Sassy’s Guide To: Joshua Tree
Sassy’s Guide To: Joshua Tree
posted onMay 1, 2018

I love road trips, I found this out for the first time last December as I drove with my boyfriend from Colorado through Utah, Arizona, Las Vegas, LA, San Diego and New Mexico. It was one of the most remarkable journeys and ever since I’ve told myself that every opportunity I have to travel I must take. So far, having moved across the pond to the US just a few months ago I have done pretty much exactly that.

A few weeks ago a few girlfriends of mine and I decided to venture up to Joshua Tree for the weekend. I’d been desperate to visit Joshua Tree National Park for quite some time, after hearing incredible things from friends that have been, and was fascinated by the pictures of never-ending desert and huge rock formations. I’m a big over of hiking, and I knew that the trails there were supposedly spectacular.  

We booked our trip leaving first thing on Saturday morning and returning Sunday afternoon. Just long enough to explore!

Over the course of the two days we walked the most incredible trails, ate great food and experienced some of the best local spots.  In this blog post I am laying out my guide on where to go and what to do.

Where To Stay

Joshua Tree Village: 

Our Airbnb was located in Joshua Tree Village, which is where most of the locals reside. Arriving to Joshua Tree village from a long dessert highway there was no ‘ta-da’ moment, as all of sudden the GPS shows we’ve arrived. Cafes and shops lined the highway, with the local Saturday farmers market in full swing. Try to stay in Joshua Tree village or close by for easy access to the National Park as well as food and other amenities.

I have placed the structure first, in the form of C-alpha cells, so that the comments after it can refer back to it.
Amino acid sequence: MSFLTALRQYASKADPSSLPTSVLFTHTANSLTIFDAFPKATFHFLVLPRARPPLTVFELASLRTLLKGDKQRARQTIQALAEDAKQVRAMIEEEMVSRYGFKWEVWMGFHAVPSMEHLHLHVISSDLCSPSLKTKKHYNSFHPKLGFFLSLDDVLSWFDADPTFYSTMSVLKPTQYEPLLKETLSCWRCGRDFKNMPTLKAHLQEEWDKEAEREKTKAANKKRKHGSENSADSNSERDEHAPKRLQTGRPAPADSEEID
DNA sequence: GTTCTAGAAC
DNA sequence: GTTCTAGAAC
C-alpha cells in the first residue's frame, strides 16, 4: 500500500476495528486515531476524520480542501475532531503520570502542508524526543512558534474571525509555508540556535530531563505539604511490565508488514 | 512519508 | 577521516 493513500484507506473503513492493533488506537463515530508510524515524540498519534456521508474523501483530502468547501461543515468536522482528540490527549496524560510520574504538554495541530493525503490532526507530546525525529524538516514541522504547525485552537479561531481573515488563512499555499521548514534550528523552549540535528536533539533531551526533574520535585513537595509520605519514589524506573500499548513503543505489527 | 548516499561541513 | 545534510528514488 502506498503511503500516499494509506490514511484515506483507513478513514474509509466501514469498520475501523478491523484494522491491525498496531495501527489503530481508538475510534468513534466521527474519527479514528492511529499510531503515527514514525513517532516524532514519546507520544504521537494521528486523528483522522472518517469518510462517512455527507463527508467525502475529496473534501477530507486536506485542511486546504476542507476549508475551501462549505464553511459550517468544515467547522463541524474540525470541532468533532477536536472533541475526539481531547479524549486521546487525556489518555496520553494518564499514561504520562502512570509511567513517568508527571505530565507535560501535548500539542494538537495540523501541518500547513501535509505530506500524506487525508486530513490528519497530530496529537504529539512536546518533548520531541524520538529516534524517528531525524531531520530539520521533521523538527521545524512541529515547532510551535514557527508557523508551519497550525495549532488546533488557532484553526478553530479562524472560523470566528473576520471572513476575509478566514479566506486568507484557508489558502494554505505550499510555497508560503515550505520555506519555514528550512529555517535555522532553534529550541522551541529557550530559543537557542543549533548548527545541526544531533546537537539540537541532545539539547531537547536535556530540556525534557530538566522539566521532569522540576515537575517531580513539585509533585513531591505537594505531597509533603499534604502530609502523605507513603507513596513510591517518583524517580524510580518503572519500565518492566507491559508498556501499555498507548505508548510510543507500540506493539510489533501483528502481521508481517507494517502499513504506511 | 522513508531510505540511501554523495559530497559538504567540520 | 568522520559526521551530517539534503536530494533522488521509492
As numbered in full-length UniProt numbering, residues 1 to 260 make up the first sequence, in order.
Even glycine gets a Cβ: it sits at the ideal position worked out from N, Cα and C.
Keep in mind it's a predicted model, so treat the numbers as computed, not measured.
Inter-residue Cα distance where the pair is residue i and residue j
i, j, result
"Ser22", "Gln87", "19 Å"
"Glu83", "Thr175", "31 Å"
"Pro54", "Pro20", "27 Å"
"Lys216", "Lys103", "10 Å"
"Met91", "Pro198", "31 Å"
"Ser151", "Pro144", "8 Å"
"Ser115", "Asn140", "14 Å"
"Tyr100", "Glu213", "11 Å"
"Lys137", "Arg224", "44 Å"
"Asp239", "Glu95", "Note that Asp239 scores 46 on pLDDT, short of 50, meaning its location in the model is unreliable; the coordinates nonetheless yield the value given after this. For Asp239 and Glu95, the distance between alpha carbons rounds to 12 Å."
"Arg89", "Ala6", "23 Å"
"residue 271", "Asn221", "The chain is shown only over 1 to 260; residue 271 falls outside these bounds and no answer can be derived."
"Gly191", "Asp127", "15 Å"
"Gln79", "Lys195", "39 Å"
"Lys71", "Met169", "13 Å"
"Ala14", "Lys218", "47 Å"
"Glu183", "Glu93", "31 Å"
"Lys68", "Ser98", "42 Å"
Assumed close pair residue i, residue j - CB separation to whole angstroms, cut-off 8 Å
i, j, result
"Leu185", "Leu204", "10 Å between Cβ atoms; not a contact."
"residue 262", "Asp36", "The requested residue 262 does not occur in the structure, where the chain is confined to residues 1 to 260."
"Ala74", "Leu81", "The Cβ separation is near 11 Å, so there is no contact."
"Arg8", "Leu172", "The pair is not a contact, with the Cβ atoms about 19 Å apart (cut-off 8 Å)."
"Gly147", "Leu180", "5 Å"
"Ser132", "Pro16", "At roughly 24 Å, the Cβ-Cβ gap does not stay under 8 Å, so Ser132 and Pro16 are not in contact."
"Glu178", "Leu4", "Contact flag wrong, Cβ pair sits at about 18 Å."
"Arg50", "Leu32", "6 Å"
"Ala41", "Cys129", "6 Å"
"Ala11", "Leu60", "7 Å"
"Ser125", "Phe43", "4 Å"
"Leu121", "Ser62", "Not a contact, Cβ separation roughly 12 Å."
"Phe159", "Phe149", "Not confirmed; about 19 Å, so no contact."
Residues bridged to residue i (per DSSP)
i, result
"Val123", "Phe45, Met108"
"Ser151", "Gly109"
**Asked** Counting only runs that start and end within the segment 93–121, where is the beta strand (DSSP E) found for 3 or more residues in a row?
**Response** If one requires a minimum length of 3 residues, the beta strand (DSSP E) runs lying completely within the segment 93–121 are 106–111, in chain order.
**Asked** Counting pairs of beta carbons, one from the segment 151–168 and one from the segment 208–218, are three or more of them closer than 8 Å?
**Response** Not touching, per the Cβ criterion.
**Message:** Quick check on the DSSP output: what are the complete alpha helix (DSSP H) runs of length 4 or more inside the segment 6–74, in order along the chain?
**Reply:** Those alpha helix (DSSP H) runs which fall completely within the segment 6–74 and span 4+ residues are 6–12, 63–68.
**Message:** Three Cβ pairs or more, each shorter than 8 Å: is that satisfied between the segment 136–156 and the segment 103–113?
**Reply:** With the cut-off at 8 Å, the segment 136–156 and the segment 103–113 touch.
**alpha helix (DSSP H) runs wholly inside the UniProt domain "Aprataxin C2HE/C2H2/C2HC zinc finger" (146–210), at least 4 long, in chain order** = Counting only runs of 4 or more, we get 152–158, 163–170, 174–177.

My favourite Airbnbs:


Where To Eat

Crossroads Cafe

Natural Sisters Cafe

JT Coffee Company

Joshua Tree Saloon

Pappy & Harriets

Joshua Tree National Park

Joshua Tree National Park is the reason to be in Joshua Tree. The pass is $25 to drive through the National Park , and the pass will last you over 7 days. There’s an overwhelming amount to see.

My favourites:

Keys View: Joshua Tree’s highest viewpoint. You can park up, just a 3 minute walk away. The  panoramic views of the mountains and valley is a must. We stumbled upon it accidentally, and couldn’t believe our luck.

Split Rock: The Split Rock trail we did on the Sunday morning. It’s a truly beautiful, moderate hike. I wouldn’t recommend this hike in mid-day sun, as the area is very exposed and not shaded even a little by the rocks!

Barker Dam: This trail is fairly easy, but magnificently beautiful. Pictured below barker dam is a reservoir constructed in the 1900. The lush greenery surrounding the dam is in stark contrast to the surrounding landscape.

Cholla Cactus Garden: The Cactus Garden is a short walk where you can see hundreds of Teddy Bear Cholla Cactus. Be warned, do not touch or go to close to them, two of my rule-breaking friends got these bad boys attached to their hands and feet. From that experience, and doing a little research I learnt that though they look soft (hence the cute name) these particular cacti, release their joints into your skin and expand. Removing them is mighty painful! The lesson here is, unlike my friends, stay on the clearly marked path!

Arch Rock: This trail is only 0.3miles, so a quick stroll around some beautiful rock formations. The trail starts at campsite 9 and loops around.

Wall Street Mill: The Wall Street Mill was formerly a gold ore crushing mill. There are many mills in Joshua Tree National park, but this as the most famous was the only one we passed.

Other Things


Saturday Farmers Market

Noah Purifoy Outside Museum

Live Music

Drive in theatre



Before going to the park I downloaded the Hiking Project app and saved all those locations. There’s very poor signal in the park, and Joshua Tree in general so having saved locations was incredibly helpful.

Be prepared, the heat is incredibly dehydrating. A friend of mine had a hydration pack, and all of us carried multiple waters.


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